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Net neutrality and the FCC’s use of deceased people’s name

Lately the internet has been abuzz about net neutrality and preventing it from being stolen from us, lest we want to see a degradation in our society. Even knowing this, and having sent the FCC millions of petitions and signatures, the chair of the FCC still ignored the pleas of the masses and voted for tearing down our rights to online access and freedom to roam. Not only did the FCC ignore the masses, but the FCC also decided to revive the dead and use them against us.

 

What is net neutrality? 

First lets quick cover the basis of what net neutrality is. Net neutrality is basically a guiding rule or principle. It preserves our right to roam and communicate freely online, without the interference of those in a higher power position. It is free speech for the internet. This allows us to have access to all forms of information without any bias in the mix, restricting what we see and read and learn. For example, if net neutrality does become history, Fox news could pay to have specific internet providers show news from them, and them alone. This would cause a great tunnel vision in our society, and depending on peoples specific situations, cause a rift in general knowledge and understanding, leading to more chaos separation in our society.

Deceased commentators 

So back to the first paragraph, deceased persons coming to life. On multiple instances, there has been a realization that people who have passed away are somehow posting onto the FCC’s site, tickets that are in favor of getting rid of net neutrality. Family members of these deceased commentators have outright called on the FCC for their immoral and illegal actions, demanding they stop such horrid actions and be taken to court for just desserts.

Comments by the deceased were sometimes word for word, the same as other comments by other deceased persons. This shows the action as being a form of spam. But the issue at hand is that the FCC is using identities of Americans who have died to try and defend their actions by putting words in their mouths and pretending they were still alive.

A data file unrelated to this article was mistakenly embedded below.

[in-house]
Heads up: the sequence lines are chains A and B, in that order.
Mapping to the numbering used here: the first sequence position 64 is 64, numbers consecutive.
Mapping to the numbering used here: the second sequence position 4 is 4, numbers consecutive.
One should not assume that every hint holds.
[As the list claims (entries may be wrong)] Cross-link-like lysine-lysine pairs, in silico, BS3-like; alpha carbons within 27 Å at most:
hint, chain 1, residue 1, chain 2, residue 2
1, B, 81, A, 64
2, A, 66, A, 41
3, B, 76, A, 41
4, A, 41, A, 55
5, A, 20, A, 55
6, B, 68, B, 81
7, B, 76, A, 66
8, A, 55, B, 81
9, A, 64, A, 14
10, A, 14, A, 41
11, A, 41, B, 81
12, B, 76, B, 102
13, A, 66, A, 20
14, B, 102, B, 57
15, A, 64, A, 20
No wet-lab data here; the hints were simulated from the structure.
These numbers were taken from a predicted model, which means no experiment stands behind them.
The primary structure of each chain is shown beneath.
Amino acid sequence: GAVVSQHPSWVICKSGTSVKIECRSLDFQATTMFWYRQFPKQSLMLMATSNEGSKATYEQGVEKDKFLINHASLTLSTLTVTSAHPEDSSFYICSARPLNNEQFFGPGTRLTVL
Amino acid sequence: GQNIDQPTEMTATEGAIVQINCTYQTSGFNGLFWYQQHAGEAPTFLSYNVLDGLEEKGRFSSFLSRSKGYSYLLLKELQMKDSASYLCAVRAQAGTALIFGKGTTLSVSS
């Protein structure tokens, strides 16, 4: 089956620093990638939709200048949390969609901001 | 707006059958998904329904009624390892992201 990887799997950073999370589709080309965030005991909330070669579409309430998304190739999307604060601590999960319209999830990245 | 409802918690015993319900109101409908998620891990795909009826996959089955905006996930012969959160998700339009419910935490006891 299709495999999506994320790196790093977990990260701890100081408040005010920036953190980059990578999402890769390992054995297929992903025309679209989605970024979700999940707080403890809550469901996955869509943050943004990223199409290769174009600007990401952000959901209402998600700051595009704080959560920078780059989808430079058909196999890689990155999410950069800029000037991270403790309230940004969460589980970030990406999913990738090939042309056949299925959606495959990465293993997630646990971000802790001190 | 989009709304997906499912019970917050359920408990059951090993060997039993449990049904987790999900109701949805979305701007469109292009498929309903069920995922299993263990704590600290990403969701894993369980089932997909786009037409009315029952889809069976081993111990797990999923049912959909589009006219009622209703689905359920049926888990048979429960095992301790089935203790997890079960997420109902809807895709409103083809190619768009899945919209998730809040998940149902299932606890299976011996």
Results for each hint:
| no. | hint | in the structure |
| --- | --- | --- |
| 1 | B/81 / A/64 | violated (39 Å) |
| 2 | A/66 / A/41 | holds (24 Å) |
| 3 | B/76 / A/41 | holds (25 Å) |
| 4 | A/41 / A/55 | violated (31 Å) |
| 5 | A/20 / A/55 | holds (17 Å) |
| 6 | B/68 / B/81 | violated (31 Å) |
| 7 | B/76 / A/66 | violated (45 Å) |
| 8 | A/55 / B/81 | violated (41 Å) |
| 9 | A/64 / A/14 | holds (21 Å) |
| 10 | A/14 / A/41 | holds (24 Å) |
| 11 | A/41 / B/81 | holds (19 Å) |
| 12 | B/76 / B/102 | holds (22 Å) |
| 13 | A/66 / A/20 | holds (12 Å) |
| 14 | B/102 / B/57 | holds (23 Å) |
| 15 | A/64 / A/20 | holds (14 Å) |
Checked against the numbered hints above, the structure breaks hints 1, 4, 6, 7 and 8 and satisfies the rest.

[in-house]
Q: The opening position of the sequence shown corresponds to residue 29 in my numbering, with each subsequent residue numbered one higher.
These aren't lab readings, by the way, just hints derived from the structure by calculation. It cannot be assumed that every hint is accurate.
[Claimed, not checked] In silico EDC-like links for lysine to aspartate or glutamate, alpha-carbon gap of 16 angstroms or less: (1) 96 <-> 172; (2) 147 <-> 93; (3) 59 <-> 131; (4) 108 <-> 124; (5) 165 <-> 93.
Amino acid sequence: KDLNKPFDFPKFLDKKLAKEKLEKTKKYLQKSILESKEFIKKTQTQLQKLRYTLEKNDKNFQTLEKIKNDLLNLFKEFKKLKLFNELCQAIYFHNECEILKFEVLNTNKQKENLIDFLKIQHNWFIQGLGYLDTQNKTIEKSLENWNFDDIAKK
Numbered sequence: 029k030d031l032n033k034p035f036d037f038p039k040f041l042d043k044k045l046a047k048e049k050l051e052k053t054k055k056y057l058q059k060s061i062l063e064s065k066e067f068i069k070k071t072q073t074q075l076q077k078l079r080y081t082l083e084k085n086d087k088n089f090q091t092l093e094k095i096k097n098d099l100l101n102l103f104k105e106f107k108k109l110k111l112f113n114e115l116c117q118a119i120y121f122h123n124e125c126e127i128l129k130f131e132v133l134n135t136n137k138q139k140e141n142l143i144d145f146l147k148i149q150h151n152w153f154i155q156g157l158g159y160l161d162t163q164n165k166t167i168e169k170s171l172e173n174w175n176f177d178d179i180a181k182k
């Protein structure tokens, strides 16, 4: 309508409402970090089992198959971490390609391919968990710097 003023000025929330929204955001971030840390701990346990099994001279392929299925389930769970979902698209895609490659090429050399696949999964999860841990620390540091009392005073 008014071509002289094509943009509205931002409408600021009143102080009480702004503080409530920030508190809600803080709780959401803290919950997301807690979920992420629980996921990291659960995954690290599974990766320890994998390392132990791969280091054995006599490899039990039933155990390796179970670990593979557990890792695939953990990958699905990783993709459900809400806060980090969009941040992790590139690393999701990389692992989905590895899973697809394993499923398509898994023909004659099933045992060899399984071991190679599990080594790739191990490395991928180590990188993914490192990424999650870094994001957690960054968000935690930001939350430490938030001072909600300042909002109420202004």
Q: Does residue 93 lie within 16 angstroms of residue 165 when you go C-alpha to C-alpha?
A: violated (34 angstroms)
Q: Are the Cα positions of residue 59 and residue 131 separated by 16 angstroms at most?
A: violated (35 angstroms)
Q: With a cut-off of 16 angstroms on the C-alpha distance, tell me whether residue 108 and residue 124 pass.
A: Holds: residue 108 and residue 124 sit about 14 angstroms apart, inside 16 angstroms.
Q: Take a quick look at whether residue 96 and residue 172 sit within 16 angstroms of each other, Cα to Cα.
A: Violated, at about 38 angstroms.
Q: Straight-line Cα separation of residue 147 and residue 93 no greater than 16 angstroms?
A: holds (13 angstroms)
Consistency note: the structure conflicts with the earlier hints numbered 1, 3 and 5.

As a response, the FCC has said that unvetted commentary has lost all forms of power online, and will therefore be dismissed. The only way comments will be considered is if they are cryptographically secure identities, tied to living persons.

The FCC has stated they will not help in the pursuit of those using deceased Americans identities.

Net neutrality is obviously something very important for more than just online surfing, it gives access for students and education, for keeping the world in mind and staying up to date on global events and being able to read both sides and come to ones own conclusions. Net neutrality is so much more than just “the internet” it is a necessity in a world ever growing in technological involvement.

Educated yourself on the issue

Learn about net neutrality, make an educated, well thought out decision on the matter, and then give your comments to the FCC. Here is a helpful link to the FCC’s site where you can submit your comments. http://gofccyourself.com

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Follow up information on the Uber data breach

Earlier today, it was made public the specifics that were stolen during the Uber data breach. Uber gives a more in-depth idea of the information accessed by the hackers, giving customers and drivers a stronger understanding of their vulnerability.